2001-Sun Jan 21 13:38:23 EST 2018
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As a rule, we veterinarians aren’t big on the DIY approach to animal health care. We’ve known too many pets who suffered the wrath of makeshift splints, botched wart removals, backwoods tail-docking methods and strange parasite-killing concoctions (some of which killed more than just the fleas).
Which is why, excellent intentions notwithstanding, we always urge pet owners to seek professional veterinary counsel before embarking on an irreversible course of DIY care. Not only is it heartbreaking to see pet owners lose pets to conditions that might’ve been treated, it’s gut-wrenching to tell a client they’re responsible for it.
But, as always, there are two sides to the story. There are plenty of times when a DIY approach is warranted — even preferable — to a vet’s more formal interventions. Further, seeing as veterinary medical expenses can add up, it also stands to reason that pet owners might want to take on some of the workload.
For your edification, I’ve included 12 of these measures — including the simplest and the not-so-simple — in the following list:
1. Nail trimming. Dare I confess it? I really hate trimming a pet’s toenails in the exam room. Why? Not only is it difficult to do with a pet who rarely gets them trimmed, pets who only get it done during their annual visit tend to hate the procedure with a passion. No wonder she hates coming to the veterinarian's office!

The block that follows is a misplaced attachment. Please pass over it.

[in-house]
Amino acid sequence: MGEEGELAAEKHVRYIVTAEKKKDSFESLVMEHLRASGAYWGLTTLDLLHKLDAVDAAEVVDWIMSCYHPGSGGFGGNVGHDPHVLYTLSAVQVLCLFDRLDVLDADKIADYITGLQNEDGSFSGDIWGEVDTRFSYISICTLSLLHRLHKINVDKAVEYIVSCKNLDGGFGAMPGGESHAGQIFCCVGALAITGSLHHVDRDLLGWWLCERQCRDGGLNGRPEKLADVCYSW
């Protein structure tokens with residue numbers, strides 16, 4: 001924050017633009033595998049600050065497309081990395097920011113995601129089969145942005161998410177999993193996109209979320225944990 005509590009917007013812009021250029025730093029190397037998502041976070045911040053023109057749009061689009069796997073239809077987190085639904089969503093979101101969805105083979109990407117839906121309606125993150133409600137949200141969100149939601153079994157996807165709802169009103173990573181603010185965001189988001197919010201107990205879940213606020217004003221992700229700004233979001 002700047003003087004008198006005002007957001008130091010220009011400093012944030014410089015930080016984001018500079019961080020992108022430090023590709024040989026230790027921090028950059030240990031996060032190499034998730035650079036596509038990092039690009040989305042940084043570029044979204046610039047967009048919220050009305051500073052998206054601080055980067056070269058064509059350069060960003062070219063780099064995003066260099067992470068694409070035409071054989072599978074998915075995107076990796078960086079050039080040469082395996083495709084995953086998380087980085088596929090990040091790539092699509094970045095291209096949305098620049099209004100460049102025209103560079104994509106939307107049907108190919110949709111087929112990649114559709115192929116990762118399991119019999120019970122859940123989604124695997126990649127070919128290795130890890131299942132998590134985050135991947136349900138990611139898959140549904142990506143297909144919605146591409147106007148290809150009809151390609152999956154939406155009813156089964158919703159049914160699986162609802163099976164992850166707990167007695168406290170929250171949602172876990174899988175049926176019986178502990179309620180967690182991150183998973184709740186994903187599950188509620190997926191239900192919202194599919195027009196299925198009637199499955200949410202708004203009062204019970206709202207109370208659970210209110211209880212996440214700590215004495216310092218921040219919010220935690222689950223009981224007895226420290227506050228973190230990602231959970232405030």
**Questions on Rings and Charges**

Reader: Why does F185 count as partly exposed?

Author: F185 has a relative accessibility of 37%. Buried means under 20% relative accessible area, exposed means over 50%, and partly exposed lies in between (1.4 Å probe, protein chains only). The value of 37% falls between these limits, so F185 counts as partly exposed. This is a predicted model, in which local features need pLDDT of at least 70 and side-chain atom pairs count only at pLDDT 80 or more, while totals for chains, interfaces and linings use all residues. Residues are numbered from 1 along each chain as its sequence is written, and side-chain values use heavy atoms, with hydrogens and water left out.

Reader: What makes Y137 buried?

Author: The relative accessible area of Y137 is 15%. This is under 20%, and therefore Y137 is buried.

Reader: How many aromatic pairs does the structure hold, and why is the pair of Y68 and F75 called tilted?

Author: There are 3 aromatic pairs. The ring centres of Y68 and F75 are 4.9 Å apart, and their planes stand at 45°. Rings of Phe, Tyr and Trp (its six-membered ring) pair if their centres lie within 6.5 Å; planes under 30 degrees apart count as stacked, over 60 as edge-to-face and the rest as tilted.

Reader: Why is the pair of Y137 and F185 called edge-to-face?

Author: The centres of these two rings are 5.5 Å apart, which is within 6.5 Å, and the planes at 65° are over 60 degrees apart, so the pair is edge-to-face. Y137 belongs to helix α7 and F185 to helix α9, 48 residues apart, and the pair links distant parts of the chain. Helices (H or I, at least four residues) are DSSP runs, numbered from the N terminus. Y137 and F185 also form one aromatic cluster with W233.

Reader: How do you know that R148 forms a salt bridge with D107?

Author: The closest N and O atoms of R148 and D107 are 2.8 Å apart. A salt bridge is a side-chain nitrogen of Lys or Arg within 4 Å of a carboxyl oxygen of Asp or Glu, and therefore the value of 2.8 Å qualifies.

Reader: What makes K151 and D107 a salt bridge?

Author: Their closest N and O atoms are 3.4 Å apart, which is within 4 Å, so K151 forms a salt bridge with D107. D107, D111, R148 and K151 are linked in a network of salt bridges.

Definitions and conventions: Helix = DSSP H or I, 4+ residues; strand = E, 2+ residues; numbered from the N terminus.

Granted, some clinics don’t mind the nail trims as much as I do! Unless you’re willing to take them there or to the groomer every few weeks (more for some, less for others), you, my dear pet owner, can be responsible for this task. Ideally, you would teach your pet as a pup or kitten to accept this procedure (which we will gladly show you how to do).
2. Hairball management. Buy a good brush (I like the Furminator) and get all that hair off before she does. Bathing a hairball-prone cat also helps remove loose hair, lest it end up sitting uncomfortably in the stomach and later, being spewed out. Other simple solutions include hairball formula foods and oral petroleum-based gel products.
3. Therapeutic bathing. Yes, sometimes you need to look beyond the supermarket oatmeal-formula shampoos and ask your vet about therapeutic bathing for pets with skin issues. In fact, bathing your dog or cat twice weekly (or more for some!) might be just the thing she needs to control that skin condition. Make sure you let your veterinarian know you’re willing.
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